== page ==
Astronomers have spotted a black hole speeding through the Milky Way as it gobbles up the outer layers of a doomed companion star locked in a fatal gravitational embrace.

The discovery provides direct observational evidence that black holes with masses comparable to single stars can, as long theorized, form in supernova explosions, the catastrophic end result for the most massive stars in the universe.

"This is the first black hole found to be moving fast through the plane of our galaxy," Felix Mirabel, of the French Atomic Energy Commission and the Institute for Astronomy and Space Physics of Argentina, said in a statement. "This discovery is exciting because it shows the link of a black hole to a supernova."

The black hole, known as GRO J1655-40, is heading in the general direction of Earth, racing through space at about 250,000 mph in the constellation Scorpius. Lest anyone worry about some future collision, the black hole is 6,000 to 9,000 light years away, putting it more than 16 million years from Earth's vicinity in the Milky Way.

"It is much more likely that a normal star could produce discernible effects than a black hole, simply because they are much more numerous," Mirabel said in an e-mail from Madrid.

While GRO J1655-40 itself cannot be directly observed, the companion star is visible, as are the effects of the black hole's titanic gravity.

The hole is slowly consuming the companion sun, which whirls around GRO J1655-40 once every 2.6 days. Huge jets of debris stream away from the poles of the black hole at sizable fractions of the speed of light.

Mirabel says the black hole probably formed in the inner disk of the Milky Way galaxy, where star formation is at its highest. The supernova explosion that created the hole provided the energy to send it careening away through space at such high velocity.

It is that velocity that provides the best evidence yet that black holes with masses comparable to individual suns are formed in supernova explosions.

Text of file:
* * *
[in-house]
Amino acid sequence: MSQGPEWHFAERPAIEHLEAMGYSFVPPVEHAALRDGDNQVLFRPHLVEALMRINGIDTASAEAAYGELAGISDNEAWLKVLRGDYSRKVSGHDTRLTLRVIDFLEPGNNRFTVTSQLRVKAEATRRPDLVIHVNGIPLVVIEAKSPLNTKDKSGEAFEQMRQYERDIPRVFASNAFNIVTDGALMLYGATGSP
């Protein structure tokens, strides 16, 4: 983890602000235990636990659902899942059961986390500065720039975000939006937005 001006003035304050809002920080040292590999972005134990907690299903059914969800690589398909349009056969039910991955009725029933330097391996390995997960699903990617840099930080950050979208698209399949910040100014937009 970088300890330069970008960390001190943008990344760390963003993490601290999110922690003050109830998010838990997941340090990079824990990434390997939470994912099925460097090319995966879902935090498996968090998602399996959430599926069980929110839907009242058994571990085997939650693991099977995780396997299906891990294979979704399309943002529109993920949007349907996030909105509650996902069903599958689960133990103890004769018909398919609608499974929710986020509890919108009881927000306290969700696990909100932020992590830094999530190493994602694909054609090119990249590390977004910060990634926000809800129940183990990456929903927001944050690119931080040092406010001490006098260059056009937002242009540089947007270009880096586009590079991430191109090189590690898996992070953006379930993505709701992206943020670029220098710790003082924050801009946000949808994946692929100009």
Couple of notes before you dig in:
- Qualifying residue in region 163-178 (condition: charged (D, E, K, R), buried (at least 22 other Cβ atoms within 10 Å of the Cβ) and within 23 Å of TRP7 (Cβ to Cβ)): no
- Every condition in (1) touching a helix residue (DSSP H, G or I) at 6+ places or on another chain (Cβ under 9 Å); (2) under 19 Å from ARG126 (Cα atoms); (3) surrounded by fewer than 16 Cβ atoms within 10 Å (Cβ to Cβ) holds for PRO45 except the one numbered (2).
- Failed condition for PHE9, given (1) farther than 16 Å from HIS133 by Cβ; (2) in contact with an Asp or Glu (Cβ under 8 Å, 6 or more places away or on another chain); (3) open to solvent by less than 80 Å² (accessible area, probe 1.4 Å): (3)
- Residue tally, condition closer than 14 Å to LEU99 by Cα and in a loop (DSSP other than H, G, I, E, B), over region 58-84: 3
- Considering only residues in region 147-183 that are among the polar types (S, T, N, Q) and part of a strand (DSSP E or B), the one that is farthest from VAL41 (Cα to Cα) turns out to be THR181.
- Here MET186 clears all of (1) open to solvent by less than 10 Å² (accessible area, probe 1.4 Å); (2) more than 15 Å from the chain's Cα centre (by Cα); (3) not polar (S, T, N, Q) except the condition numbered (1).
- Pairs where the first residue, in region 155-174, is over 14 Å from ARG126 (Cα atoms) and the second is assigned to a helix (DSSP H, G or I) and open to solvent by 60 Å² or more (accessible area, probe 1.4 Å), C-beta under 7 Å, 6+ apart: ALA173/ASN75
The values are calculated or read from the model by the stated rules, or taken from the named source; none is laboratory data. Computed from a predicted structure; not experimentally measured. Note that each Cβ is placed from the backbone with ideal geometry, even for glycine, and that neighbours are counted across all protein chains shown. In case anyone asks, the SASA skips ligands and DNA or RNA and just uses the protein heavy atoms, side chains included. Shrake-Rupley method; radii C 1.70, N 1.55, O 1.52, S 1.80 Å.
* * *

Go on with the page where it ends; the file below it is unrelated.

"What this does say is yes, it did form in a supernova because there's nothing else that can impart that kind of velocity," said Paul Hertz, a senior scientist at NASA headquarters in Washington.

Stars like our sun remain stable by balancing the inward pull of gravity with the outward pressure generated by nuclear fusion in their cores. When the fuel for nuclear fusion eventually runs out, gravity triumphs and the core collapses.

What happens at that point depends on the mass of the star and its core. For stars with up to about eight times the mass of Earth's sun, the core collapses to a point where gravity is held at bay by quantum mechanical effects that limit how tightly electrons can be crammed together.

The result is a white dwarf, a star about the size of Earth that slowly cools and fades away over billions of years. Such stars frequently blow off their outer layers as they run out of fuel, producing spectacular expanding clouds of glowing gas.

For stars with more than eight times the mass of the sun, the effects that produce white dwarf stars are not sufficient to hold off the inward pull of gravity.

If the planet-size core of the doomed star is between about 1.4 and three times the mass of the sun, the end result is a neutron star, an object about the size of a large city, the mass of a normal star and the density of an atomic nucleus. Gravity is held at bay by quantum nuclear forces that represent a star's last line of defense.

When the core reaches this enormous density, the collapse stops and material still falling inward hits what amounts to a brick wall and rebounds. The resulting shock wave blows the rest of the star apart in a supernova explosion.

For rare stars with more than 25 to 30 times the mass of the sun -- and with cores containing more than three solar masses -- no known force can stop gravity once the star's nuclear fuel runs out. Again, a supernova results, but in those cases the core collapses into a black hole, an object with such extreme gravity not even light can escape.

That's the theory, but observational evidence is slim, in large part because black holes are difficult, by definition, to detect. Finding a solar mass black hole like GRO J1655-40, one with a velocity of 250,000 mph, is strong evidence black holes do, in fact, form in supernova explosions.

Mirabel said a neutron star or black hole can be accelerated to high velocities in a supernova detonation by either an asymmetrical collapse of the core or because of the offset center of gravity in a binary star system.

GRO J1655-40 was observed by the Hubble Space Telescope in 1995 and 2001. Those observations were combined with ground-based measurements of its radial velocity to determine the binary star system's actual speed through space. Mirabel's results are discussed in the Nov. 19 issue of Astronomy and Astrophysics.

An artist's rendering of GRO J1655-40 with its companion star, which some astronomers say is the best evidence yet that solar-mass black holes are created from supernovas.